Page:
Dr. O stated that walking is the best way to see London, and I’d definitely have to agree, though I’m not sure my feet do. We passed Hyde park, the site of the Tyburn Tree where Elizabethan era Catholics were slain, the marker by St. Martin in the Fields, commemorating Martin of Tours, and ate at the Crypt Café, a real café that is in the crypt of the church, a surreal but truly unique experience!
The National Gallery (not to be confused with the British Museum) is a true national treasure. Paintings from around the world and throughout history hang there, but our points of focus were from the medieval period. The two pieces we focused on were the Saints and the Cross Crucifix and the Coronation of Mary. The art here, we were reminded by dr. O, was religious in purpose, meant for a church, and now displaced. Such pieces like the crucifix, are in danger of obfuscation by modern teaching. As a student of art history, I was surprised to realize that I too was guilty of this sometimes.
My first thoughts were of the technique and the historicity of the work in this wing, my eyes flicking to the placards for context and description to determine my personal value for the work instead of approaching the piece with contemplation and Christian imagination. Instead of thinking about the piece as an evidential artifact of the iconoclastic debate and its fallout on realism as depicted by middle age art, I was reminded that the piece was telling the story of Mary’s son, the human incarnation of god made possible by his use of a young woman at a time when it could have meant her death under the law. Focus was not on the divine Jesus, but on the dying Jesus, the son of man who is the only mediator for our sin.
The Coronation was also worthy of deeper contemplation (and enjoyment!) Depicted is a multi-cultural gathering of saints, a picture of heaven and the crowning of the “queen mother” Mary by king Jesus as possibly referred to in revelation. Easy to dismiss as a depiction of an obscure medieval belief or possibly misinterpretation of scripture, it serves as a stark reminder how much has changed. I am convicted to remember that the middle ages were an era of deep devotion and seeking of holiness. The church was ingrained in the very fabric of every man’s life, and the church was not merely a community center to be picked from among many as today, but the “community’s center.” Church buildings were built across generations, money was given for future edification in the architecture and art – not current enjoyment such as to buy a new carpet or repaint the worship center. It was a literal building of the eternal kingdom of heaven. Powerful.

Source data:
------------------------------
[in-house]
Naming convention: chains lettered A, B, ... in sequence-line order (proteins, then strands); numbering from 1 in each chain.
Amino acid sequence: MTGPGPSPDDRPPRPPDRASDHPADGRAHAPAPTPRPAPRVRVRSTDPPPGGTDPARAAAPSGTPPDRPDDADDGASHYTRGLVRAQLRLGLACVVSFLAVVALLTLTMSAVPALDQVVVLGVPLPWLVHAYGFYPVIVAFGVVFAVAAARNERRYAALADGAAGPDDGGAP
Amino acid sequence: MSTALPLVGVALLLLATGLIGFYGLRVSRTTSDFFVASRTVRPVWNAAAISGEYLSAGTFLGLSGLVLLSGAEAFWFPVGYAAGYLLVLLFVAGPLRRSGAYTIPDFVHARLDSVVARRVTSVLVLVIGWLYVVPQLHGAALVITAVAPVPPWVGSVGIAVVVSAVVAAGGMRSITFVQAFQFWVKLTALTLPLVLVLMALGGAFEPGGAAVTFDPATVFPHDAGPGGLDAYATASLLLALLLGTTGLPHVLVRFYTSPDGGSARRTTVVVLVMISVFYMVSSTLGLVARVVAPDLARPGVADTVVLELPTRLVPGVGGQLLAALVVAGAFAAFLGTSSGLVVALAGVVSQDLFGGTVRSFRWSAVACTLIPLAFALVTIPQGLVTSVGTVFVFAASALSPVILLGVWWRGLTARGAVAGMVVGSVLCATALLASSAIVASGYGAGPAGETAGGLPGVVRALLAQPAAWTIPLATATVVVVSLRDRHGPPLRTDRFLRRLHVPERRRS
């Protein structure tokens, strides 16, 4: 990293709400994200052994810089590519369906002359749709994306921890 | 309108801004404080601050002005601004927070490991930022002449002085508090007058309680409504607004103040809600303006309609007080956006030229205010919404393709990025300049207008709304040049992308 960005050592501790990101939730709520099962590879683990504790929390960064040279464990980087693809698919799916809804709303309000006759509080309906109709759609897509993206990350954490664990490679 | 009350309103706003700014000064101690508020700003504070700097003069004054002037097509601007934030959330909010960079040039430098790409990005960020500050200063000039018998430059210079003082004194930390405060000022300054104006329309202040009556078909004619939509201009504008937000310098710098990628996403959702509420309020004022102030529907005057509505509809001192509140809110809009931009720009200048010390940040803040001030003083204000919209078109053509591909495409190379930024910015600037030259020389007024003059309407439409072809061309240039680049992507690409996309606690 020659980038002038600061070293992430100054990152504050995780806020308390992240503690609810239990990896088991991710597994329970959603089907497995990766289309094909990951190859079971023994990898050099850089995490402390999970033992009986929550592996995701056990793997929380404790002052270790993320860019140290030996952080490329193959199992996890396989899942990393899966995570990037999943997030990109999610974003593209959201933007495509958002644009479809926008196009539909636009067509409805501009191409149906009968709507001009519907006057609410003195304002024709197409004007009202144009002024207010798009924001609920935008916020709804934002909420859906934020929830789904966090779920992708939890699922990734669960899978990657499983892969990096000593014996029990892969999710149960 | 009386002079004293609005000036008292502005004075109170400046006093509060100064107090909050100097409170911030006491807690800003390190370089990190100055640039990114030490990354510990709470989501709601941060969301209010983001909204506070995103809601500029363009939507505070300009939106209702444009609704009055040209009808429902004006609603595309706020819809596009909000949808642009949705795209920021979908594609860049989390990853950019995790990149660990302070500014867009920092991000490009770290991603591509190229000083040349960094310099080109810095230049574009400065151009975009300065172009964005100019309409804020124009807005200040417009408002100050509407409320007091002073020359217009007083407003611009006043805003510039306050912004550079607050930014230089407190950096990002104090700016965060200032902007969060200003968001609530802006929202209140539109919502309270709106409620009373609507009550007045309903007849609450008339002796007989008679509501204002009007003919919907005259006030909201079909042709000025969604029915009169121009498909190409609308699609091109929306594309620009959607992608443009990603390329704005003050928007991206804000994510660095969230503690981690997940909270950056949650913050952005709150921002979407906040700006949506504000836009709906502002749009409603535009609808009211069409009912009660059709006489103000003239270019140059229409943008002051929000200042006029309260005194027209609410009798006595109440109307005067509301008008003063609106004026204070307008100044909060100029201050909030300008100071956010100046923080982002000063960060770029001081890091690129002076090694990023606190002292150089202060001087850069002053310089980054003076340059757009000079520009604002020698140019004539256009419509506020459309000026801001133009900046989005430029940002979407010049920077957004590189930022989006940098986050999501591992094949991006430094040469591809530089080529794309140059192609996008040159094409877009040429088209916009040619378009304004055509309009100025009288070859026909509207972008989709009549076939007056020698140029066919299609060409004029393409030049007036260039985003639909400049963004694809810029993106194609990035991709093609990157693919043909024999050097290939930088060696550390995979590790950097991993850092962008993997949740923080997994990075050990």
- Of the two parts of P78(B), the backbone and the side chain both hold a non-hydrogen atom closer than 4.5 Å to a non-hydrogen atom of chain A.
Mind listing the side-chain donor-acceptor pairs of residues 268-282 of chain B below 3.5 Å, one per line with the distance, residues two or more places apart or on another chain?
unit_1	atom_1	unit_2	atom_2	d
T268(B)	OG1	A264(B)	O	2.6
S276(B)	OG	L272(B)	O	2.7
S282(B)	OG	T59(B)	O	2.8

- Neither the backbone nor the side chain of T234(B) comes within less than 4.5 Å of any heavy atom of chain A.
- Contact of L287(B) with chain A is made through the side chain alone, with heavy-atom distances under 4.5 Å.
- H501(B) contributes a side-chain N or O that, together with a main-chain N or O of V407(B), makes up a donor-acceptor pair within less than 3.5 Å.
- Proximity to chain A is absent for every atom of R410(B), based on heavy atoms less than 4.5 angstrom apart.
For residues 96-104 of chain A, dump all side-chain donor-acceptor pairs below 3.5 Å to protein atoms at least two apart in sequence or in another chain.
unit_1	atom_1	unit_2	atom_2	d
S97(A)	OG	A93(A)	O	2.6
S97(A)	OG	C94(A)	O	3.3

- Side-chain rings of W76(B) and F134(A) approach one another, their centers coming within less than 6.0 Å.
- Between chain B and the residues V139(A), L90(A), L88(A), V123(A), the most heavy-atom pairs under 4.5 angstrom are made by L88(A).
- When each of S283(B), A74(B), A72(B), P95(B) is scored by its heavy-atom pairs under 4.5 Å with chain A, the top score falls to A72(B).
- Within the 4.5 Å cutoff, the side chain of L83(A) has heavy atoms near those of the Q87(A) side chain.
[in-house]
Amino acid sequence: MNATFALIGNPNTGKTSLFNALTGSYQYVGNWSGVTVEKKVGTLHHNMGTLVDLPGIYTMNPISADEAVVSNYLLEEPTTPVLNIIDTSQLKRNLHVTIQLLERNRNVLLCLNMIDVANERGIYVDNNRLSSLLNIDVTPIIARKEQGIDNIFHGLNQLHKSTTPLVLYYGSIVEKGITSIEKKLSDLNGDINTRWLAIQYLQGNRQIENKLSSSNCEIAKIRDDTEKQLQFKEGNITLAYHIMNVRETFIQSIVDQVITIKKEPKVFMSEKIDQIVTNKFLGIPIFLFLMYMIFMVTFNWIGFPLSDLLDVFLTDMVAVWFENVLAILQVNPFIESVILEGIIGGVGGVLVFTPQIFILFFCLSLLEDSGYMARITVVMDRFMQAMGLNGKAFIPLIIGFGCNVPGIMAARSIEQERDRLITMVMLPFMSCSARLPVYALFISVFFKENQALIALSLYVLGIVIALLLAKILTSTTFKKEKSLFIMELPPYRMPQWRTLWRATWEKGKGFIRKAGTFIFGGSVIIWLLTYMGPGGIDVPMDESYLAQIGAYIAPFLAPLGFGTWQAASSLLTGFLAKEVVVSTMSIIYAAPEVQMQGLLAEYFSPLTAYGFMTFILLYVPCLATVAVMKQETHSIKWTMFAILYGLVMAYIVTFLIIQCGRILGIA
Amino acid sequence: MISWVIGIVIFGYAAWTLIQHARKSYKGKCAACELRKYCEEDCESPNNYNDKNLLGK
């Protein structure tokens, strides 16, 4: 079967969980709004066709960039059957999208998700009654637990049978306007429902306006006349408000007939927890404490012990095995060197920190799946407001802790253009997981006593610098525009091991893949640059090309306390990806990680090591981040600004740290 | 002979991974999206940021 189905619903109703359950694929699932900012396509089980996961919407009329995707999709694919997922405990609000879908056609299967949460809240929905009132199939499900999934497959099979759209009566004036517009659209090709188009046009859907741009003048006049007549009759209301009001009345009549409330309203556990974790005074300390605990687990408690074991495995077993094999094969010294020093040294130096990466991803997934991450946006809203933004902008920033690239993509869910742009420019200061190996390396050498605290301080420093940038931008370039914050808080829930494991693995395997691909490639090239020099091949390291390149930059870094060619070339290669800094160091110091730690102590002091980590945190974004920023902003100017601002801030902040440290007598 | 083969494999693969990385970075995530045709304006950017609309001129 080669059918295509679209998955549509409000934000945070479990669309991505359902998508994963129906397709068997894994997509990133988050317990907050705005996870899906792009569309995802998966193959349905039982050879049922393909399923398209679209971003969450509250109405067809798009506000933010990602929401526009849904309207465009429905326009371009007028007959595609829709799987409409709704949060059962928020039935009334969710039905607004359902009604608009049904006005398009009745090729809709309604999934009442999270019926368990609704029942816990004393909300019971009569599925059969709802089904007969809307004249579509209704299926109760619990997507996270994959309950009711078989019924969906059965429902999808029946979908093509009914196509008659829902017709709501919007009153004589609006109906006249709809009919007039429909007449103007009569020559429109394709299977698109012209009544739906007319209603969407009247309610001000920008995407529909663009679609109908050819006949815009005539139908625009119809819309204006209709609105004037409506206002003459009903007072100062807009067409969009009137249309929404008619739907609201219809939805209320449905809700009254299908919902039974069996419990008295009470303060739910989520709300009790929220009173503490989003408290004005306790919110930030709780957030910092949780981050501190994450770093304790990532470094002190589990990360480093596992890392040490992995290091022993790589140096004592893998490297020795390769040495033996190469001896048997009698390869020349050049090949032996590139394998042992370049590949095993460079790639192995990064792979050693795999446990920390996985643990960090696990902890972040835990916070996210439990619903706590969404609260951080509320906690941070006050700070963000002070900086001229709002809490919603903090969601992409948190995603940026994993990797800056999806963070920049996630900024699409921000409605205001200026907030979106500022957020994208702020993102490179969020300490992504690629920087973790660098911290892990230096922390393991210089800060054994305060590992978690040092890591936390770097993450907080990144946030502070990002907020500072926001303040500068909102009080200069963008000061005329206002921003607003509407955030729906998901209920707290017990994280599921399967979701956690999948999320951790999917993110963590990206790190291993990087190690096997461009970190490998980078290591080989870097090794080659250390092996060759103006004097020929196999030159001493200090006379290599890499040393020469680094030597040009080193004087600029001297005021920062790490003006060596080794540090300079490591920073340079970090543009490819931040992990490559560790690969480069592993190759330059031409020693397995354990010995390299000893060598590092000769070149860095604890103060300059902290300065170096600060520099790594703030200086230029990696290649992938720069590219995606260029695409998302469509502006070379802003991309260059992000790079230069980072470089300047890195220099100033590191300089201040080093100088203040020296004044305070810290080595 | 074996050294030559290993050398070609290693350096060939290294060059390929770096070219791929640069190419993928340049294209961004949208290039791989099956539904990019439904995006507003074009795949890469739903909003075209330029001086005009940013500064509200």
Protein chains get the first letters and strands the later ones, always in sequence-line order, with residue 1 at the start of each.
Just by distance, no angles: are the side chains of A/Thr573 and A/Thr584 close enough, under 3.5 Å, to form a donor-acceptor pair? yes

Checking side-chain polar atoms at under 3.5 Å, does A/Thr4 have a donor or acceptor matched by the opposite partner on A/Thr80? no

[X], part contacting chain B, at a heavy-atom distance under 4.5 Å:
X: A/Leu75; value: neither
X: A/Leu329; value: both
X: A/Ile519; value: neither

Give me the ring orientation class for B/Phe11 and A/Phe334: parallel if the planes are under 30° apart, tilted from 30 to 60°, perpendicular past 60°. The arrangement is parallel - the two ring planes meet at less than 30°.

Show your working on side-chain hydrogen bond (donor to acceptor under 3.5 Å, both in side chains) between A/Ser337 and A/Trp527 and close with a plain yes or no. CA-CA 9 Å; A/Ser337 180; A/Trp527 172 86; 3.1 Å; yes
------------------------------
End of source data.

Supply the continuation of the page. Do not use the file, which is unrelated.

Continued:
Honesty time. It’s difficult for me to wrap my mind around such markers, in fact until only a few days ago through the miracles of social media, I was corrected in my thinking that Lewis’ body had been moved to the poet’s corner from his grave at holy trinity church, Headington quarry. It has not moved. I must admit that it shocked me a bit to realize I stood by him and didn’t know it, thinking in my error that I was only standing by Warnie, but no, he remains there where I squatted by his marker near the kilns, and not in London as I had thought. My assumption was born out of a failure to appreciate the purpose of the marker, and this means that I will have to go back into my copy of Poet’s Corner when I get home.
We concluded our day at Westminster (Roman Catholic) Cathedral (not to be confused with the Anglican Abbey) and a sung mass, followed by dinner at “the Shakespeare” pub, which was fantastic, having just seen him at the Abbey. (Ahem, his memorial that is -- See above!) Then, half of us took the tube to the train and it was an early bed. I was glad for the following day’s lectures to rest my feet, which is why I write this entry a day late!